Food Safety Precautions During Extreme Weather

When extreme weather conditions result in environmental hazards such as flooding, it is important to still practice food safety measures to help support your health. Safe food handling precautions are important under optimal conditions, but they should also be practiced under stressed, emergency conditions as well. In addition to these actions, there are more considerations to be mindful of in cases of long and short-term power outages.

Keep in the Cold

Remember to keep refrigerator and freezer doors closed during power outages to maintain the cold temperature. Use appliance thermometers in your refrigerator and freezer to help determine if food is safe during power outages. Refrigerator temperature should be 40° F or lower and the freezer should be 0° F or lower.

Without power, a refrigerator will likely keep food at a safe temperature for about four hours if the doors are kept closed.  Without power, a full freezer will stay cold for 48 hours, and a half-full freezer will stay cold for about a day.

Smell Won't Tell

Do not rely on the appearance or smell of a food item to determine its safety.  It's important to use a thermometer to determine a food's safety.

If a thermometer was not kept inside the freezer to gauge temperature, use a food thermometer on each item to determine safety.  For items in the freezer to be safe to re-freeze or prep consume, they should have an internal temperature below 40 degrees Fahrenheit.  If meats, eggs or leftovers have been above 40 degrees Fahrenheit for more than two hours, throw them out.

When in Doubt, Throw it out

If you are unsure about the safety of food items that were in your refrigerator or freezer during a power outage or anytime, THROW IT OUT!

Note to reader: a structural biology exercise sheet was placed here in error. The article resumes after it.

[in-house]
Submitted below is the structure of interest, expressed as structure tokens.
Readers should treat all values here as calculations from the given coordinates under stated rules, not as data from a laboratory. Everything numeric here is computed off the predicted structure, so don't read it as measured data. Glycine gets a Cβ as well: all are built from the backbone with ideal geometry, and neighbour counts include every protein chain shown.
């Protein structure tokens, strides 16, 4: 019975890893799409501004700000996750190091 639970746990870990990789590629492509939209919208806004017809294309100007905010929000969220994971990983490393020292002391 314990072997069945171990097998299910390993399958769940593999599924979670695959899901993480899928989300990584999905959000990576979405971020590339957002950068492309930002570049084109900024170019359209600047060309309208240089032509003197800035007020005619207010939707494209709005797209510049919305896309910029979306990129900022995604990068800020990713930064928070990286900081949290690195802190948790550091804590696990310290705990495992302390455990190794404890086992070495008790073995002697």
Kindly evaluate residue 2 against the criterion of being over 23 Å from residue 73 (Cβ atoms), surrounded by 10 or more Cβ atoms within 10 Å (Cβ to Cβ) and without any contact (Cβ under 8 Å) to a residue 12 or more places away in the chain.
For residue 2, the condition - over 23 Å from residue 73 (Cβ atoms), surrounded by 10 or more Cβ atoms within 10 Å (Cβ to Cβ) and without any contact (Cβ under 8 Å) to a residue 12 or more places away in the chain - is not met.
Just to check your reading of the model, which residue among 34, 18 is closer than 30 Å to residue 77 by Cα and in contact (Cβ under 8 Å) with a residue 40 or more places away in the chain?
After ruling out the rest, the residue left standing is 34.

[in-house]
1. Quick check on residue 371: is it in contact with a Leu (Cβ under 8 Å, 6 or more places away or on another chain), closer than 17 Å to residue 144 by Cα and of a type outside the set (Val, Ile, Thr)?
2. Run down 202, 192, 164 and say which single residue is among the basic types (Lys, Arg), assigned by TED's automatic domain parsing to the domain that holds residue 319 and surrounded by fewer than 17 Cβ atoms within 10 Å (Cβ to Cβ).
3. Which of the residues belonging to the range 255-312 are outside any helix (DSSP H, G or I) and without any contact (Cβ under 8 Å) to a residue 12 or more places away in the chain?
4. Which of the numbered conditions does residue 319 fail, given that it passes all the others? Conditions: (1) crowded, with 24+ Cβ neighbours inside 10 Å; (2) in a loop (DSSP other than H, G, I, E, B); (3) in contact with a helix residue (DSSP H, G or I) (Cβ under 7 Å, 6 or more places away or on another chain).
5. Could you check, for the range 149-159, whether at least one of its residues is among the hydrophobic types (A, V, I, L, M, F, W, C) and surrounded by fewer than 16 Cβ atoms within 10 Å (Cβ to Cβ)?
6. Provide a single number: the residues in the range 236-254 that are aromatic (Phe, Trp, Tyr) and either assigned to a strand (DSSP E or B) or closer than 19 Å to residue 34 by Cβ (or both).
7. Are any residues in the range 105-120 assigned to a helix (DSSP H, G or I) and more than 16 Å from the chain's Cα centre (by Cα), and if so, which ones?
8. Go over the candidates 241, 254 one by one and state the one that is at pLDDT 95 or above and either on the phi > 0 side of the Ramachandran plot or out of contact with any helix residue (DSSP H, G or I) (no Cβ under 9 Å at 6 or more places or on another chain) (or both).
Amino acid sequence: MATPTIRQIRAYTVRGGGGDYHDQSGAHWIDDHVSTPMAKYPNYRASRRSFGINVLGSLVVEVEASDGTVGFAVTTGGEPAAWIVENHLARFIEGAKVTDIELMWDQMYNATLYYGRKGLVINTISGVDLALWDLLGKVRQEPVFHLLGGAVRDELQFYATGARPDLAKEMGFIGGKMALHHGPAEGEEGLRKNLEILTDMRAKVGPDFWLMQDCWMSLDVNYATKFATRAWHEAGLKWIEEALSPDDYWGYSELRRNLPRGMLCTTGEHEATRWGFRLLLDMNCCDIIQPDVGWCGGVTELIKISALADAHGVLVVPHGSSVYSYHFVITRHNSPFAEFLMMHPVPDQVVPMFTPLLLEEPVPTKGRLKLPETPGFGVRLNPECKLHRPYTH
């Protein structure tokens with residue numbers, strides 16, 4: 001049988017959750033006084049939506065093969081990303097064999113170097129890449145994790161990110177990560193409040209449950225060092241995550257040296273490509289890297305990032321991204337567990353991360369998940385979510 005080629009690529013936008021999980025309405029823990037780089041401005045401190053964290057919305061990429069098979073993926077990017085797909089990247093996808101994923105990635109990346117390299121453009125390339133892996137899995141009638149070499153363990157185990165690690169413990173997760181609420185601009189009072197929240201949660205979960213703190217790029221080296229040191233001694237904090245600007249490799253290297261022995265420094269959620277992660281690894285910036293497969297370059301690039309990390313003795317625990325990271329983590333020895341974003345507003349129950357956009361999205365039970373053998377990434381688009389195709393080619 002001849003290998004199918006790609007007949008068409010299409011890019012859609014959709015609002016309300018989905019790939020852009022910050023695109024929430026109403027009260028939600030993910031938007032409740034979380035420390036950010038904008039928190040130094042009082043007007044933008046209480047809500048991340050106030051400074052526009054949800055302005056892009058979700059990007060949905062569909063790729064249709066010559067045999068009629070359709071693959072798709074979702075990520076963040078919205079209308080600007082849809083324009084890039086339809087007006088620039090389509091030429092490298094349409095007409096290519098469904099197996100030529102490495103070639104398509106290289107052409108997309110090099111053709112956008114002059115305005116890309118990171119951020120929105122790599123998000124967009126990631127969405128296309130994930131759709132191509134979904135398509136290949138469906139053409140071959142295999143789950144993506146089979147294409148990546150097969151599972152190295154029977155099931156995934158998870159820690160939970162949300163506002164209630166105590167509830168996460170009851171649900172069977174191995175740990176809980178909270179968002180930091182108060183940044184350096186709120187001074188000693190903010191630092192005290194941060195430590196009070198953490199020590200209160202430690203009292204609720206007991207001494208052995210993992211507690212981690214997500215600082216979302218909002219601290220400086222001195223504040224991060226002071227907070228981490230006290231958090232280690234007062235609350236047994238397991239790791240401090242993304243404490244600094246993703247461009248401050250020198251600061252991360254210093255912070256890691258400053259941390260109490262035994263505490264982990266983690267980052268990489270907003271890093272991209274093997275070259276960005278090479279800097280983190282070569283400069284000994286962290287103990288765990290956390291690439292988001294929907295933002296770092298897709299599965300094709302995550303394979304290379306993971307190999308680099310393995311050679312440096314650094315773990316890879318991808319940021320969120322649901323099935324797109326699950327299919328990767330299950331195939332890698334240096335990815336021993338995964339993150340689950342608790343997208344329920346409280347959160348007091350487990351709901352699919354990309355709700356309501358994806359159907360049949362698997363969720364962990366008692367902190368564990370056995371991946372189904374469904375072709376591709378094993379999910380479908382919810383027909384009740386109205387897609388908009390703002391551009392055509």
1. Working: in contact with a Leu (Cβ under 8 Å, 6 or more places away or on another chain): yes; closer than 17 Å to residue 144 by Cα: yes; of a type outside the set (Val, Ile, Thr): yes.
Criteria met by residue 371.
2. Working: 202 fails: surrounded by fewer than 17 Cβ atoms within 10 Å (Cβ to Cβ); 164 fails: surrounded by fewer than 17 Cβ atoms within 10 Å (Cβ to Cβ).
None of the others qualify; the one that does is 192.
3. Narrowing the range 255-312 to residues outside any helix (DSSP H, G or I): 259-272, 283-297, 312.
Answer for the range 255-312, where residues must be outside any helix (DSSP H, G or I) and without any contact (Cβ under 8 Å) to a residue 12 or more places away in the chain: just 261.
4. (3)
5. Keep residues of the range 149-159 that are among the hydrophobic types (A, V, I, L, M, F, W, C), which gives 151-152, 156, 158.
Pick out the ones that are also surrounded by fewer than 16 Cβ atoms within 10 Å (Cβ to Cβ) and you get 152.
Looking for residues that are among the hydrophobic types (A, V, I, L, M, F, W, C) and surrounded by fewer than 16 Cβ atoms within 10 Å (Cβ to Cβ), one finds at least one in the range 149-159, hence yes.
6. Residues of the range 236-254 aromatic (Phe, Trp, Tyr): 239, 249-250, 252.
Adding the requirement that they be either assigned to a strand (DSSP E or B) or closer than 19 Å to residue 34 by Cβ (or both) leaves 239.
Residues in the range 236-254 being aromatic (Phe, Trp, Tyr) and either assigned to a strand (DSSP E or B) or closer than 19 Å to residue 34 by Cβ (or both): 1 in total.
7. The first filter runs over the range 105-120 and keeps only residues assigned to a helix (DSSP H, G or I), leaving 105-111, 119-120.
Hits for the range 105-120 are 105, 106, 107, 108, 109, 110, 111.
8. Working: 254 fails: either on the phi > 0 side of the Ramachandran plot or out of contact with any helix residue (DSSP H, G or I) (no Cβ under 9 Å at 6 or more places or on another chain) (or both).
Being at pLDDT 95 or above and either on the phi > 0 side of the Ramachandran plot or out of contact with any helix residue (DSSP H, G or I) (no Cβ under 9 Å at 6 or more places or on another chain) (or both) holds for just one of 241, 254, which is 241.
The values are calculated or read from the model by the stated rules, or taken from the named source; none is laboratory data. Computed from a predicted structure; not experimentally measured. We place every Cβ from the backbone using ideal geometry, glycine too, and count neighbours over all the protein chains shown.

We typically encourage not wasting food, but in cases where food has not been stored properly, safety is the top concern. Food cannot be nutritious unless it is first safe to eat. Food compromised during a flood or power-outage is not safe.

After the Fact

After any emergency situation, it is important to thoroughly clean and sanitize dishes, utensils and even the freezer and refrigerator. After a flood, be sure to discard any foods or beverages that have come in contact with the flood water and are not in waterproof containers and to throw out any damaged canned products.

After a fire, throw out any foods or beverages that were near the fire, even if the food was kept in the refrigerator or freezer, as the seals are not airtight and fumes can still get in.

We hope these tips are helpful in keeping your food safe and helping you to avoid foodborne illness. For more useful information on how to prepare for an emergency and consume safe food and drinking water, please visit this United States Department of Agriculture (USDA) resource page.

Tamika Sims, PhD, contributed to this post which is based on a piece originally written by Katie Burns